Reflections on a Paris Left Behind
October 19, 2013 1:32 PM   Subscribe

Even Hemingway, so easily spoofed, raved about the oysters. But he knew something of himself, and something of this extraordinary city, and what it gave to him. “There is never any ending to Paris and the memory of each person who has lived in it differs from that of any other,” he wrote. “Paris was always worth it and you received return for whatever you brought to it.” Yet then he added, with just the right soupçon of sadness: “But this is how Paris was in the early days when we were very poor and very happy.”
posted by caddis (8 comments total) 14 users marked this as a favorite
QI on Paris Syndrome
posted by lazaruslong at 1:46 PM on October 19, 2013 [3 favorites]

Everybody loves Hem, but Henry Miller's Opus Pistorum is the Paris book for me.
posted by chavenet at 1:49 PM on October 19, 2013 [1 favorite]

City of love.

Also down and out aptly describes the Paris I know. Then again as a kiwi homelessness has never really been an issue.
posted by Samuel Farrow at 2:05 PM on October 19, 2013

How is it that we have here "Notre-Dame de Paris" and "Sacré-Coeur"?

What is it with these people and their spare hyphens that they need to jam them into everything?
posted by Wolof at 4:12 PM on October 19, 2013 [1 favorite]

Adam Gopnik, a New Yorker writer, finds “the Parisian achievement” to have created, in the 19th century, two concepts of society: “the Haussmannian idea of bourgeois order and comfort, and the avant-garde of ‘la vie de bohème.’ ” While these two societies seemed to be at war, he suggests, in fact they were “deeply dependent on each other.”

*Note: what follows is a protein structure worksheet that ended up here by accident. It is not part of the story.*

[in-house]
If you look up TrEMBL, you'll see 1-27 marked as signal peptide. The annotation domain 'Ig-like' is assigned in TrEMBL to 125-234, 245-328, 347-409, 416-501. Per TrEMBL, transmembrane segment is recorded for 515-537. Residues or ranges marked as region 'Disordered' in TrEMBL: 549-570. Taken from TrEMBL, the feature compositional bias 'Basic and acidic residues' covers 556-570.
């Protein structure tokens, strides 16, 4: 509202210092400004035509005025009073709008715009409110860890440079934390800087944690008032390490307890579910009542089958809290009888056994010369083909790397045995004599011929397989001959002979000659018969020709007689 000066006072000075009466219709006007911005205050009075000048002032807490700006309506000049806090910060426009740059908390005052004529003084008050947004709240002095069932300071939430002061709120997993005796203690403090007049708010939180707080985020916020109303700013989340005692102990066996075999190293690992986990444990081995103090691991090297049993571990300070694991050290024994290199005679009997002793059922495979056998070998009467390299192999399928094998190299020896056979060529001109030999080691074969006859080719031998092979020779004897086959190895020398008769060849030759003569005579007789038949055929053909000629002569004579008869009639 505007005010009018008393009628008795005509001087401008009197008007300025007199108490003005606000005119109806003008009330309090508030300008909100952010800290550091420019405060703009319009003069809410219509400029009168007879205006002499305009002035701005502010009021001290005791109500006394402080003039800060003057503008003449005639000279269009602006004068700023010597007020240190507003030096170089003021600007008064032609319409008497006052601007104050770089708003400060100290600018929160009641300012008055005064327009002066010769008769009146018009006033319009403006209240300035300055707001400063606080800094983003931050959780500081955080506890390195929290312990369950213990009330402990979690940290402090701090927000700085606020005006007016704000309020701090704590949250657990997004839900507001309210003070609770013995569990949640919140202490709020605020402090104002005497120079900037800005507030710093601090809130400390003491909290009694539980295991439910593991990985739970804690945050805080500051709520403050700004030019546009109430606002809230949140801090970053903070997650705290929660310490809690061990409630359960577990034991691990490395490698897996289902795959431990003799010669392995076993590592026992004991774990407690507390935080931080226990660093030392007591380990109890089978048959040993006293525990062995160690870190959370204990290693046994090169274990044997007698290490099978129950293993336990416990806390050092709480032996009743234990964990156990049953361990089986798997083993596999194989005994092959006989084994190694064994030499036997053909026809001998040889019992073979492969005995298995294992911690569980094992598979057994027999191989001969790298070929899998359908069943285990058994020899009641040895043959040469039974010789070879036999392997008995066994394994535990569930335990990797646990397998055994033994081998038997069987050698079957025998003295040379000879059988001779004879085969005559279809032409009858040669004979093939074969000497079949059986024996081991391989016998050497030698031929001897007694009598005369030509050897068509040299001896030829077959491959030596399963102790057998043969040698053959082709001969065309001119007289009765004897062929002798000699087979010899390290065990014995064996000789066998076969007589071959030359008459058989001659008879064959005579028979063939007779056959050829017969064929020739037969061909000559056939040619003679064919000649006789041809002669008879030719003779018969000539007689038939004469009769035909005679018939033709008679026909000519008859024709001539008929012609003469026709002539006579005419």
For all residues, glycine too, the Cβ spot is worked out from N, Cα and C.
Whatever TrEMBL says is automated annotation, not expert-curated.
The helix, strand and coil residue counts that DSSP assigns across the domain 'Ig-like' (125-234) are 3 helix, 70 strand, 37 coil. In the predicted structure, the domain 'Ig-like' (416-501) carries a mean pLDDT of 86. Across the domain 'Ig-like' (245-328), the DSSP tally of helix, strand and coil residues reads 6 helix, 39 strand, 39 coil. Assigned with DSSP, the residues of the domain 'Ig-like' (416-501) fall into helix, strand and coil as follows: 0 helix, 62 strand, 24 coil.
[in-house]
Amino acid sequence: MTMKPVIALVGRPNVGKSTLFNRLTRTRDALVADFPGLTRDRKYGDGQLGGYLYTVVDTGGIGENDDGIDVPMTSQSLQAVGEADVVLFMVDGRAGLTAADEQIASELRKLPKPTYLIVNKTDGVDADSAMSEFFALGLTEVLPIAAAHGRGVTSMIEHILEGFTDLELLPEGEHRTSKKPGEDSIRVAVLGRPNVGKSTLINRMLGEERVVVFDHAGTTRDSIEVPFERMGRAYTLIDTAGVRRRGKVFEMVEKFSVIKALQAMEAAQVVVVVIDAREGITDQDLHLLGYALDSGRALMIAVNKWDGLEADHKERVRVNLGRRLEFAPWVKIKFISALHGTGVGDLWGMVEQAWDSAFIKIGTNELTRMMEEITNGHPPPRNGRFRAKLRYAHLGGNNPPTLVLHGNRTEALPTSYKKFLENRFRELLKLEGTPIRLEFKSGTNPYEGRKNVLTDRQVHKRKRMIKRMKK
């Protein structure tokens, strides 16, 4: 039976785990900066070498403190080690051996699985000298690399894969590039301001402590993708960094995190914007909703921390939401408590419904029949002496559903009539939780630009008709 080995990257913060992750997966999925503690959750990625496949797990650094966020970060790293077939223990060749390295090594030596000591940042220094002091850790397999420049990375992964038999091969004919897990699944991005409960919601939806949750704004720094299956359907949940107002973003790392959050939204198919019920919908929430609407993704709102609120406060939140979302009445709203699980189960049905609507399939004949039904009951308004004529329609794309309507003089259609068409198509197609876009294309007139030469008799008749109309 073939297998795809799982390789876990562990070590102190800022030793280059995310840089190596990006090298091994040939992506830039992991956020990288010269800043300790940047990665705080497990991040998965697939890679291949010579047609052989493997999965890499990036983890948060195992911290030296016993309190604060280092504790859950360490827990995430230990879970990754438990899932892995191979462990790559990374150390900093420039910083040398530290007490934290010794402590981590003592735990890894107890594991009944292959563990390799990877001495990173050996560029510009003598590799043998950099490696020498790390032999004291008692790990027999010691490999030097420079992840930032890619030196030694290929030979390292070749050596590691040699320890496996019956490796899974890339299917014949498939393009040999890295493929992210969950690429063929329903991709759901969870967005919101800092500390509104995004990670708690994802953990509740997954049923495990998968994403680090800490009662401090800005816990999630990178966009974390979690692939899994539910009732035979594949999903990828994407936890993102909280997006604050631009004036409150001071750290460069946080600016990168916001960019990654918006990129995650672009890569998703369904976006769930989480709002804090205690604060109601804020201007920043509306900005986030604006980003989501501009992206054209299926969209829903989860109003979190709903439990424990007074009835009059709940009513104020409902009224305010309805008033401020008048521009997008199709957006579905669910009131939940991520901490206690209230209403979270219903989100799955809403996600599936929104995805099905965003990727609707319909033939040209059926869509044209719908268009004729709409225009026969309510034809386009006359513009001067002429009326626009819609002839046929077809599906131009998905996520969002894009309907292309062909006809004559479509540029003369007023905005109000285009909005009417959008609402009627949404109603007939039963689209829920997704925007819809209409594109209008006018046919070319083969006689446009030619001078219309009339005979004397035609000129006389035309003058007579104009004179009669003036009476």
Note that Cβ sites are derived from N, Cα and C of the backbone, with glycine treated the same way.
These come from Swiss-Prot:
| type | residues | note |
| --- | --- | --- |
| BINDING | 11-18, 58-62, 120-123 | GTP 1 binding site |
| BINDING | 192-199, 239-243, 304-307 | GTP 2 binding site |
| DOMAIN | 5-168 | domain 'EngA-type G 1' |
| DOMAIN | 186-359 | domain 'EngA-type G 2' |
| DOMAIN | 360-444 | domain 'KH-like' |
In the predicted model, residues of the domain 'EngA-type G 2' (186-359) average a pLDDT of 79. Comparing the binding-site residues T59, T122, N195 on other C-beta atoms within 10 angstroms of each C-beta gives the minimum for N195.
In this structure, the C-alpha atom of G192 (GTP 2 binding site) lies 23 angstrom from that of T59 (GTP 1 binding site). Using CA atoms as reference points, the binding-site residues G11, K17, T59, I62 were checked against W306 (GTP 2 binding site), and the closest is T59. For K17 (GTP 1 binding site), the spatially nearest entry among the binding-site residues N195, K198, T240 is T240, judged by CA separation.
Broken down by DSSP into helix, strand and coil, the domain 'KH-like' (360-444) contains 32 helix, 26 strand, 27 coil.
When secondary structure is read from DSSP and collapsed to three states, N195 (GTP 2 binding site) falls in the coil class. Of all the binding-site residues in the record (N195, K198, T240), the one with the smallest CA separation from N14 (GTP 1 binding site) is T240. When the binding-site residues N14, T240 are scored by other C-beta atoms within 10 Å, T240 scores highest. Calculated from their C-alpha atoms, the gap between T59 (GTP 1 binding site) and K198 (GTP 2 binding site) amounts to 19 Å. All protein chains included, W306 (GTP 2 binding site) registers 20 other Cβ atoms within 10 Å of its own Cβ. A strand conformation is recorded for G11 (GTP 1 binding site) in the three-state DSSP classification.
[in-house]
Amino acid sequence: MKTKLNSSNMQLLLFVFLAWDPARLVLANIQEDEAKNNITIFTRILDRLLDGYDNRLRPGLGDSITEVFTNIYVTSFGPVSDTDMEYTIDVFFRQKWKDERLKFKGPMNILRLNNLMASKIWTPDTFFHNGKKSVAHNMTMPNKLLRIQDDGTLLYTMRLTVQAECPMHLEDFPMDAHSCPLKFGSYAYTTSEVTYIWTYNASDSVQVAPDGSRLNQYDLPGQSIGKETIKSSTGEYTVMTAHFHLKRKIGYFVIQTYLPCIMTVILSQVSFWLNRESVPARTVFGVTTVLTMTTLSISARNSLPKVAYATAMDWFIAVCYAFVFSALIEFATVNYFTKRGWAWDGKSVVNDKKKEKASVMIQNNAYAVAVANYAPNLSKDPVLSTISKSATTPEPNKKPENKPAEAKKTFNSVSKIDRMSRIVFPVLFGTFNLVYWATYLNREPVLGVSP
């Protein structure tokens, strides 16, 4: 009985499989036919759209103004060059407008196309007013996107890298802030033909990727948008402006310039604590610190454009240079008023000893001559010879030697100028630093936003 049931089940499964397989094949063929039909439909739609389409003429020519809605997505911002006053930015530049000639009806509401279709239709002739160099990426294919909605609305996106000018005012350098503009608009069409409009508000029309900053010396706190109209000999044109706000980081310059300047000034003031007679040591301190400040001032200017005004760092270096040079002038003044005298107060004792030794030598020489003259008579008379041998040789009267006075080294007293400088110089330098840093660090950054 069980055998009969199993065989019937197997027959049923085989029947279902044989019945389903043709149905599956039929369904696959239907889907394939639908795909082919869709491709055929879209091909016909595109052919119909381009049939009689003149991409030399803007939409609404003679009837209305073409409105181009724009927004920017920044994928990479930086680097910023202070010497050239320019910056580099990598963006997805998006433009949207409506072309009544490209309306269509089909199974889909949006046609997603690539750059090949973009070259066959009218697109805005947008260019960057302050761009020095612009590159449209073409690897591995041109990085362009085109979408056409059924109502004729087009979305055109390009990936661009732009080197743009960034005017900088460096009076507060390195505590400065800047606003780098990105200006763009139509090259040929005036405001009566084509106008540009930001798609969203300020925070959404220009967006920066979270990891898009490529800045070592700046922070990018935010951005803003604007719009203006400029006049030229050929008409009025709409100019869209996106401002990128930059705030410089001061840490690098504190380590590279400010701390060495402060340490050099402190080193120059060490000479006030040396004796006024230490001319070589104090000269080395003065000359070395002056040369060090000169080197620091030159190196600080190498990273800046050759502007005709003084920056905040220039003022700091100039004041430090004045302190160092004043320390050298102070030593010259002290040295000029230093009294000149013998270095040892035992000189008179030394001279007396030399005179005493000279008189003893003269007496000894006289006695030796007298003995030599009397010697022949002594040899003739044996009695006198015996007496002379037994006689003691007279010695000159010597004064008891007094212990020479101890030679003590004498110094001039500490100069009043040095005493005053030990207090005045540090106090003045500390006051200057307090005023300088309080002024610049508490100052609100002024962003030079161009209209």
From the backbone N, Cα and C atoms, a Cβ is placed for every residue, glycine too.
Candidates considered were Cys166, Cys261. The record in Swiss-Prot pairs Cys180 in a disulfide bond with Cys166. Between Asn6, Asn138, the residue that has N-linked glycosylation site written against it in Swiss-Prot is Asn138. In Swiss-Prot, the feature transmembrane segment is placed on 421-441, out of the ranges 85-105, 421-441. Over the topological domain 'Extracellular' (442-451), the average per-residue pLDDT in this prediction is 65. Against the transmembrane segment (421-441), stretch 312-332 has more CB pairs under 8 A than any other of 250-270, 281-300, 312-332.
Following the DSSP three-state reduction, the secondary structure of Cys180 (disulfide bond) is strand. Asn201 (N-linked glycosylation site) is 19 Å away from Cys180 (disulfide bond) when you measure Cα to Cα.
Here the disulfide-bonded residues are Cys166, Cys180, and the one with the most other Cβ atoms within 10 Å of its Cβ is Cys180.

This view/idea of the bohemian and the bourgeois cultures twisted together into an odd symbiotic relationship is explored in detail in Jerrold Seigel's excellent 1999 book, Bohemian Paris: Culture, Politics, and the Boundaries of Bourgeois Life, 1830-1930. It's fun reading if you are curious about the kooky exploits of decadent artists and journalists.
posted by ovvl at 4:34 PM on October 19, 2013 [3 favorites]

I was kinda disappointed by 'The Moveable Feast' when I read it years ago, it just seemed like young Ernie was doing an awkward and earnest creative writing diary.

Memoirs of Montparnasse by John Glassco is way more interesting and thought-provoking. (note: includes some gentle teasing of American ex-pats slow on picking up the French language after moving to Paris).
posted by ovvl at 4:49 PM on October 19, 2013

Thanks for posting this. Great links!
posted by KokuRyu at 5:20 PM on October 19, 2013

When you go to Paris, of course you'll want to see the Louvre (Godard shows you how to do it) and the usual tourist traps, but I would urge you to spend as much time as possible wandering the side streets, especially on the Left Bank (because Haussmann destroyed most of the weird winding old lanes on the other side of the river), and investigating whatever catches your eye. When I was there you could just walk through most entry doors and explore courtyards and apartment buildings—I actually walked up the stairs of 74 rue du cardinal Lemoine and knocked on the door of Hem's old apartment, but nobody answered—but this was in the 1980s, before the International War on Terror, and you probably can't do that anymore. Anyway, get your head out of the guidebook and see as much of the real, human stuff as still survives.
posted by languagehat at 7:50 AM on October 20, 2013 [3 favorites]

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